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Micromachined devices for an airborne bio-particle analysis system

Citation

Desai, Amish S. (2000) Micromachined devices for an airborne bio-particle analysis system. Dissertation (Ph.D.), California Institute of Technology. http://resolver.caltech.edu/CaltechTHESIS:10012010-095709235

Abstract

The goal of this thesis is to develop micromachined devices for an automated miniaturized airborne bio-particle analysis system. The realization of such a system is complex requiring a particle capture, transport, collection, sample preparation, and analysis. Accordingly, microelectromechanical systems (MEMS) teams have studied and developed micro-pumps, valves, channels as building blocks for a miniature chemical analysis system. In this thesis, novel micromachined solutions to some of these tasks are presented. Specifically, the development of: 1) a low voltage, air-based electrostatic particle transportation system, 2) an air-to-liquid interface design for transport of airborne particles into a liquid environment 3) a micro-chip electrospray (ES) mass spectrometer interface for small volume(nL) mass spectrometry, 4) and fast mixers (<100μs) for the study of chemical reaction kinetics. The particle transport system consists of 3-phase electrode arrays covered by photoresist and Teflon. Extensive testing of this system has been done using a variety of insulation materials, thicknesses (0-12μm), particle sizes (1-10μm), particle materials (metal, glass, polystyrene, spores, etc.), waveforms, frequencies, and voltages. Although previous literature claimed it impractical to electrostatically transport particles with sizes of 5-10μm due to complex surface forces, this effort actually demonstrates 90% transportation efficiencies with the optimal combination of insulation thickness, electrode geometry, and insulation material. As the second step, this particle transportation technology has also been integrated with an active micromachined filter and an air-to-liquid silicone rubber interface. Two methods of air to liquid particle transport were explored — moving particles across a stationary fluid meniscus and the other, moving meniscus across stationary particles. Third, the development of a micron-sized MEMS nozzle (1-3 μm orifice diameters) is presented with successful demonstration of its application for electrospray ionization mass spectroscopy. MEMS scaling issues were verified with the flow visualization of the Taylor Cone on this nozzle. Fourth, a 1 cm x 1 cm x 1 mm DRIE silicon mixer capable of initiating and quenching (starting and stopping) chemical reactions in intervals as short as 100 μs was characterized by employing two carefully chosen chemical reactions with reaction time constants of 3 ms and 9 ms along with visualization techniques using dyes and acid-base indicators.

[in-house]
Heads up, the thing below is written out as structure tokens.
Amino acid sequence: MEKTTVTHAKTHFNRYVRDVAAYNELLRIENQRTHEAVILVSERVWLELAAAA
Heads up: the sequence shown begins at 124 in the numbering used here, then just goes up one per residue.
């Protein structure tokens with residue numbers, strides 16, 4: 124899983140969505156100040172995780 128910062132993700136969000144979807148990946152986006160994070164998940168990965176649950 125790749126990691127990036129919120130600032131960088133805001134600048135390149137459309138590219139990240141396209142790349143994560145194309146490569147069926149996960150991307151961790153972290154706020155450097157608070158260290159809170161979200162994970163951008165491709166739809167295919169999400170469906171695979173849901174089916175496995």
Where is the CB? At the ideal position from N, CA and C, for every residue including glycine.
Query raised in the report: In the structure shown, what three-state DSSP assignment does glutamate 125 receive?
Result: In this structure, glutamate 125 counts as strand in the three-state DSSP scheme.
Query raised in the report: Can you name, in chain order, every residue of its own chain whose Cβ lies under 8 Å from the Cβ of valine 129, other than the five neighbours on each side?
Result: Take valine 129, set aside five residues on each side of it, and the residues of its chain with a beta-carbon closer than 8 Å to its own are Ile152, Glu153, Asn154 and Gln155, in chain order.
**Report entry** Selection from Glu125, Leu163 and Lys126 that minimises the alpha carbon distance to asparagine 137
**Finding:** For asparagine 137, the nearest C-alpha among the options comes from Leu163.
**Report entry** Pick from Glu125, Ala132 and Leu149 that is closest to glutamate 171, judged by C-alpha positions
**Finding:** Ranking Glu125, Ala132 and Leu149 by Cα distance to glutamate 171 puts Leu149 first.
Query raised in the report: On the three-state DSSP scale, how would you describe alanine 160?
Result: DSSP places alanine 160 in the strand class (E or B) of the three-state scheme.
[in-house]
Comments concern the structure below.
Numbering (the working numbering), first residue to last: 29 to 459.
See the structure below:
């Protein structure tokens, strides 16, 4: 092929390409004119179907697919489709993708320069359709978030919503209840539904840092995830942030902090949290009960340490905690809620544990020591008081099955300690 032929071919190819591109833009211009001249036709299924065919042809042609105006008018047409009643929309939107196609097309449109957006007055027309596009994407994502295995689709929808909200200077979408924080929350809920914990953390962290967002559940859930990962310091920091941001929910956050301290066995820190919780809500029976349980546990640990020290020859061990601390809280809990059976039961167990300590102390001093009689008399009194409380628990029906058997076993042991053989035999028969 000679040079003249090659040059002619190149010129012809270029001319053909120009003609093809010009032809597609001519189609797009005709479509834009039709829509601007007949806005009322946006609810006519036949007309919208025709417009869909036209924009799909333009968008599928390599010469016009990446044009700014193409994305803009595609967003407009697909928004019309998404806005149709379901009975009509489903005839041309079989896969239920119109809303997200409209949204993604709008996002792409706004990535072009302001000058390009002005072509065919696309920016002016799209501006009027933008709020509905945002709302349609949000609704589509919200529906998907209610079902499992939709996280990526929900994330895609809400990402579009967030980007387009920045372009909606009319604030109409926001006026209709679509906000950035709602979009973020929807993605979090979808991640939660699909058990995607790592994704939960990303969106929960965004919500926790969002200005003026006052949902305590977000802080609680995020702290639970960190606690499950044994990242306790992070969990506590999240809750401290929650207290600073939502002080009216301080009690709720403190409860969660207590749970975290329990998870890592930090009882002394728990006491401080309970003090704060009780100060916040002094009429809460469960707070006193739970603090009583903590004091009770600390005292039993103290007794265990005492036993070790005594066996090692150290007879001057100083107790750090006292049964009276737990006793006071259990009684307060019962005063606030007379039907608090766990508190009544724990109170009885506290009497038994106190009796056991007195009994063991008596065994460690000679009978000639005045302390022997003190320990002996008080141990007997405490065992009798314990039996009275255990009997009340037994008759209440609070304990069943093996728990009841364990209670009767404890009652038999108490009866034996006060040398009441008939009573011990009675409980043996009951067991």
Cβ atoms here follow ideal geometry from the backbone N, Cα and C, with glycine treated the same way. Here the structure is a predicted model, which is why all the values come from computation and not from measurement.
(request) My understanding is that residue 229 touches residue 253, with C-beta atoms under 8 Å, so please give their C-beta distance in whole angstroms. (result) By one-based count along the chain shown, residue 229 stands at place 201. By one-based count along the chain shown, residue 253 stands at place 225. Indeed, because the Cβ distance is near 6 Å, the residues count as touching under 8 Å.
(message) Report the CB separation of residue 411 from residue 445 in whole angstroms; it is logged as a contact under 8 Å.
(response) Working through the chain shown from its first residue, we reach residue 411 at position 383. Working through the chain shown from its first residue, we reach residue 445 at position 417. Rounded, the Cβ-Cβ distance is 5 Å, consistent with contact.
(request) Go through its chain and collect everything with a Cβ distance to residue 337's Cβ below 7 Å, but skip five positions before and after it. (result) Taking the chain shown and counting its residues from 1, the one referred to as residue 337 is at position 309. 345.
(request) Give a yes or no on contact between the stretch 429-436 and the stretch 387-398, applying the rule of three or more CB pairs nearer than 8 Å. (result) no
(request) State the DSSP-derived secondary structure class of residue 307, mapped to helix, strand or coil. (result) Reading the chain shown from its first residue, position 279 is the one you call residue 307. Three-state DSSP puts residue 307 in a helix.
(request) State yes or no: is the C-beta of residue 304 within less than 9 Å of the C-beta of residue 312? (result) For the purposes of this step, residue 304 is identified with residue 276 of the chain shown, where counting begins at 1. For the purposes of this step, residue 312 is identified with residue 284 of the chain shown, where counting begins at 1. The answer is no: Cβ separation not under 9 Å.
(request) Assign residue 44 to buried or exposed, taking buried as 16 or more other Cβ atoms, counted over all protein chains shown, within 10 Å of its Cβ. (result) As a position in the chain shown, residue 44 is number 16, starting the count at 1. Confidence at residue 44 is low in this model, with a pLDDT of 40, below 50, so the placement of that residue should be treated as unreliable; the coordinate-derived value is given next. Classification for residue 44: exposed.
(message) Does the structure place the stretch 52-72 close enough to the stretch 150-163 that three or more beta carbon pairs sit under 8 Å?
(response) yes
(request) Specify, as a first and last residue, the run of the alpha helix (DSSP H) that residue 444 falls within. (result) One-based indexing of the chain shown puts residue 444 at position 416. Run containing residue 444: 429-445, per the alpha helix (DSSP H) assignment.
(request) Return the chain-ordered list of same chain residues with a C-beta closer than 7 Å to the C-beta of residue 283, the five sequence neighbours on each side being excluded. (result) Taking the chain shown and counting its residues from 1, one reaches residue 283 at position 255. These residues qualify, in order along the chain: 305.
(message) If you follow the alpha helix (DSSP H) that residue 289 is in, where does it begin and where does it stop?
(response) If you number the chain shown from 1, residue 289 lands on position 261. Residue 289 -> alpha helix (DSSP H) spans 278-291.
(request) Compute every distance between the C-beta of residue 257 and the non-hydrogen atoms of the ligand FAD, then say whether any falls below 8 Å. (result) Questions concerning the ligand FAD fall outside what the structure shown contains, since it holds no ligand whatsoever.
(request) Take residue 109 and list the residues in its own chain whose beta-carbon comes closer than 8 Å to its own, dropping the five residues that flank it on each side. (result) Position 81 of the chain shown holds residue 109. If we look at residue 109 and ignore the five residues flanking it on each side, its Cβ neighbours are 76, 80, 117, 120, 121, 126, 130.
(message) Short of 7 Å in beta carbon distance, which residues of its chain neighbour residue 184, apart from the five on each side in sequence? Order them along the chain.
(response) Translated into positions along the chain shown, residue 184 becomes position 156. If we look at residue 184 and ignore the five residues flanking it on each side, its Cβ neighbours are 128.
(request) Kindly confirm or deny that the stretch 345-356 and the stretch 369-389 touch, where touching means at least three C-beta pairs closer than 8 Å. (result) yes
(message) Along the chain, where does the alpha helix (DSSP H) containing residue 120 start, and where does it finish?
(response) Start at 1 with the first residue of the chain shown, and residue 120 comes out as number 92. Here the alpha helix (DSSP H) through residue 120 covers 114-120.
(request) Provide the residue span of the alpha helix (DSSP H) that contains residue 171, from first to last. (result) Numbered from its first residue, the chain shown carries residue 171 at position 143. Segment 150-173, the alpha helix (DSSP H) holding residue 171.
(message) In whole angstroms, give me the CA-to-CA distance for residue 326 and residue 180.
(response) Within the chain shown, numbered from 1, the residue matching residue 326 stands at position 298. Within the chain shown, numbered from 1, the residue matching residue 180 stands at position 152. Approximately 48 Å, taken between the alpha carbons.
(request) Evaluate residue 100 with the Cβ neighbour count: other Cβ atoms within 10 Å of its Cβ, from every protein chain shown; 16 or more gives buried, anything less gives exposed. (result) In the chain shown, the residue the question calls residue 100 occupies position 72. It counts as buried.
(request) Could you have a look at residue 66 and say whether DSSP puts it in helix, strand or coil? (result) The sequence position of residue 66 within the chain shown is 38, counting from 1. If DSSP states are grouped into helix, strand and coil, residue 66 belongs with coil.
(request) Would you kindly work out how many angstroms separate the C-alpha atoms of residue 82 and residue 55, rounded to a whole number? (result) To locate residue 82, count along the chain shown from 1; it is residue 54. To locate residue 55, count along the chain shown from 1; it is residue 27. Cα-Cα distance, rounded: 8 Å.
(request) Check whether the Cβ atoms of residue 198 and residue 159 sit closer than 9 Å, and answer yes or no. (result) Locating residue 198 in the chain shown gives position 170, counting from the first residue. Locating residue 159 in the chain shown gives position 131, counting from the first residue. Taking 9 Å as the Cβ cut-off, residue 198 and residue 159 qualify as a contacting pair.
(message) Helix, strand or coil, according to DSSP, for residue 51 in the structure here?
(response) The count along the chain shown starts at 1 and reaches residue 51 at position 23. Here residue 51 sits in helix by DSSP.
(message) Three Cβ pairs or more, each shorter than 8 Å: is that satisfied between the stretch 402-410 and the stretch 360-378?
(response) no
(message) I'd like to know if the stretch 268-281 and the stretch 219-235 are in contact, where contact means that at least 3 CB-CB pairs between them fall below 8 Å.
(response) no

Item Type:Thesis (Dissertation (Ph.D.))
Subject Keywords:Electrical Engineering
Degree Grantor:California Institute of Technology
Division:Engineering and Applied Science
Major Option:Electrical Engineering
Thesis Availability:Restricted to Caltech community only
Research Advisor(s):
  • Tai, Yu-Chong
Thesis Committee:
  • Unknown, Unknown
Defense Date:15 September 1999
Record Number:CaltechTHESIS:10012010-095709235
Persistent URL:http://resolver.caltech.edu/CaltechTHESIS:10012010-095709235
Default Usage Policy:No commercial reproduction, distribution, display or performance rights in this work are provided.
ID Code:6084
Collection:CaltechTHESIS
Deposited By: Dan Anguka
Deposited On:01 Oct 2010 17:24
Last Modified:26 Dec 2012 04:30

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